The beautiful five-colored designs found on the walls, pillars, and eaves of traditional Korean wooden buildings are referred to as dancheong, which literally translates to "red and green." Dancheong served more than just as a decorative element; it also protected a building's wood from decay caused by insects, rain, and wind. Additionally, it was believed that a building's bright colors would deter evil spirits and emphasize the resident's authority.

The practice of adorning the faces of officiating priests or ceremonial altars or altars during religious ceremonies is what started the history of dancing, which dates back to prehistoric times. Old temple sites and tomb wall paintings from Goguryeo, one of the ancient Three Kingdoms of Korea, both contain dancheong traces. "The banisters of court buildings are decorated with red lacquer and bronze, and the dancheong are majestic and splendid," a Chinese Sung Dynasty envoy who traveled to Goryeo noted. "Dancheong has five primary colors: yellow, black, red, and blue. The traditional five-element theory is connected to these fundamental colors, which can be combined to form numerous other colors. Among the five elements, blue represents the east, the dragon, spring, and the element wood; Red is associated with the south, birds, summer, and fire, and White stands for gold, the west, the tiger, and the fall; Black is associated with the north, winter, the fictitious hyeonmu (a snake and turtle hybrid), and water; and the color yellow stands for the center, the time between seasons, and the planet Earth. The ancient Koreans' desire for peace, stability, and a rewarding afterlife can be seen in the way the five elements theory is incorporated into dancing.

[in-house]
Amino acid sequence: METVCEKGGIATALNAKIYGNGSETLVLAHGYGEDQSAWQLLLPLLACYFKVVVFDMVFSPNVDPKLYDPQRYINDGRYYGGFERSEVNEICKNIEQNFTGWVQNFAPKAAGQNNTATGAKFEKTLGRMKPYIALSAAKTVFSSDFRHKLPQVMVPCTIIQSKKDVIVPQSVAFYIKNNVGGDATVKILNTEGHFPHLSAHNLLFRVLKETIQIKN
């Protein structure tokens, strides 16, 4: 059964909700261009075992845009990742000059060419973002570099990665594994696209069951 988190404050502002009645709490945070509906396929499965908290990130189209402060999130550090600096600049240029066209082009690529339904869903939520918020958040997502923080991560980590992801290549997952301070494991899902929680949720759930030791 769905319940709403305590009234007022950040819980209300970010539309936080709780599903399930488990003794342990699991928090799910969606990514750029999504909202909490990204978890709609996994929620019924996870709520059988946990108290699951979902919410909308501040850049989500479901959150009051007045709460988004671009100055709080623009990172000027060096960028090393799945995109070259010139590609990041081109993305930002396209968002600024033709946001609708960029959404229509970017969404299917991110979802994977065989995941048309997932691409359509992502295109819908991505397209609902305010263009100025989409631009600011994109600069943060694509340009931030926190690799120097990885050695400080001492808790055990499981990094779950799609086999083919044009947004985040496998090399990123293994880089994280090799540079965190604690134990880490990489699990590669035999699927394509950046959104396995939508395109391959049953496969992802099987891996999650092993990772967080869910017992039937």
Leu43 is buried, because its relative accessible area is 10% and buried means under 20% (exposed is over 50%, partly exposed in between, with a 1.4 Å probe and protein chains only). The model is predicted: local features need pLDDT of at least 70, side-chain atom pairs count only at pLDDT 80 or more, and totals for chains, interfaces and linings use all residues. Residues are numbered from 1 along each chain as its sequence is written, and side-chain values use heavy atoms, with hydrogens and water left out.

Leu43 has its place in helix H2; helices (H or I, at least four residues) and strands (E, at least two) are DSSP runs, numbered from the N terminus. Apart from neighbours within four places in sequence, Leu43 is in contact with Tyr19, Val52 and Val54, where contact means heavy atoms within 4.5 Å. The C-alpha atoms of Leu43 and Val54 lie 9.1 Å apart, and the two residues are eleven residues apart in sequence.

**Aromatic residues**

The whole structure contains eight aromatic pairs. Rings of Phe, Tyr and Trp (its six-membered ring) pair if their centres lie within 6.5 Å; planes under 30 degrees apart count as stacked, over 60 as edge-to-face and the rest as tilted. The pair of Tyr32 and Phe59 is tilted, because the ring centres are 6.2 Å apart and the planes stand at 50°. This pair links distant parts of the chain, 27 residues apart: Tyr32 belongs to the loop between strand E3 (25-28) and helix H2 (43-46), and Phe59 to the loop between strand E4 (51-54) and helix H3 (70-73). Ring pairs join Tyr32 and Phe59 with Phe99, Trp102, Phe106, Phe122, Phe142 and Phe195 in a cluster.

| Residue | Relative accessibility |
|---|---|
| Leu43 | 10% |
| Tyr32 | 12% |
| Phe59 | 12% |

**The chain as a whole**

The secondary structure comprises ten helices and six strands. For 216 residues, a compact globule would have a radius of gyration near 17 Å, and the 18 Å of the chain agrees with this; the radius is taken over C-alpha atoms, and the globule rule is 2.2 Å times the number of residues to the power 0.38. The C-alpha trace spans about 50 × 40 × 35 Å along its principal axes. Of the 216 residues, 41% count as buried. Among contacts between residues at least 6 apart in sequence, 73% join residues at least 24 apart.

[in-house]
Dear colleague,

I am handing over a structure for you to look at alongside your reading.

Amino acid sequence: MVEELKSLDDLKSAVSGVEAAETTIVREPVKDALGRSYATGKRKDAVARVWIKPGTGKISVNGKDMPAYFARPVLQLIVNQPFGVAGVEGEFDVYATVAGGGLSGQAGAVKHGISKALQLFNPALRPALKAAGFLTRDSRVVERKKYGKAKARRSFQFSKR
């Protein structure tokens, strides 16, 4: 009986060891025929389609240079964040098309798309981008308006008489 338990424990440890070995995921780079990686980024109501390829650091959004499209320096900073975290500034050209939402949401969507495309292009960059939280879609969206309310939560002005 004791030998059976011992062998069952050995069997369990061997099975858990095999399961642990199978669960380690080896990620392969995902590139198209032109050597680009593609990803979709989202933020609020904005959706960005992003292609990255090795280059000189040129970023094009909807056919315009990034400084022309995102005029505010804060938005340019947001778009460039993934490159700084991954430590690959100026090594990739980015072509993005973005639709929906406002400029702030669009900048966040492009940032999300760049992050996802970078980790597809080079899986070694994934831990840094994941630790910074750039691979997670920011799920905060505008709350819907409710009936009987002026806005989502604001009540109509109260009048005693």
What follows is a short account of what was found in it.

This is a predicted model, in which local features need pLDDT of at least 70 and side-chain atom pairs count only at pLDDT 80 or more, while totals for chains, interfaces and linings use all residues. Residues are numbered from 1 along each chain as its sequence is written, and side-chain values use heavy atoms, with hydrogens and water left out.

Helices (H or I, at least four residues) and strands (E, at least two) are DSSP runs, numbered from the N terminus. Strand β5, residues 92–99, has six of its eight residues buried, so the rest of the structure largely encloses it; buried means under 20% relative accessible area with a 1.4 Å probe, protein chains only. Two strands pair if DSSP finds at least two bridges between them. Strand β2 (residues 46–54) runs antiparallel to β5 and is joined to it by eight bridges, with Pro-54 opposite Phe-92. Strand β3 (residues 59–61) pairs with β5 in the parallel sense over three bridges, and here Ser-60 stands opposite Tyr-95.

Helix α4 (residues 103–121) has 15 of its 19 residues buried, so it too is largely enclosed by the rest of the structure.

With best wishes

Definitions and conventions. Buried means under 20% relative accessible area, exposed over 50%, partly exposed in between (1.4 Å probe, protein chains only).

https://www.kocis.go.kr/eng/webzine/201905/sub07.html

The practice of adorning the faces of officiating priests or ceremonial altars or altars during religious ceremonies is what started the history of dancing, which dates back to prehistoric times. Old temple sites and tomb wall paintings from Goguryeo, one of the ancient Three Kingdoms of Korea, both contain dancheong traces. "The banisters of court buildings are decorated with red lacquer and bronze, and the dancheong are majestic and splendid," a Chinese Sung Dynasty envoy who traveled to Goryeo noted. "Dancheong has five primary colors: yellow, black, red, and blue. The traditional five-element theory is connected to these fundamental colors, which can be combined to form numerous other colors. Among the five elements, blue represents the east, the dragon, spring, and the element wood; Red is associated with the south, birds, summer, and fire, and White stands for gold, the west, the tiger, and the fall; Black is associated with the north, winter, the fictitious hyeonmu (a snake and turtle hybrid), and water; and the color yellow stands for the center, the time between seasons, and the planet Earth. The ancient Koreans' desire for peace, stability, and a rewarding afterlife can be seen in the way the five elements theory is incorporated into dancing.



 

Written and Layout by : Khadija Naveed






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khadija Naveed
khadija Naveed
Feb 15, 2023

Great work😀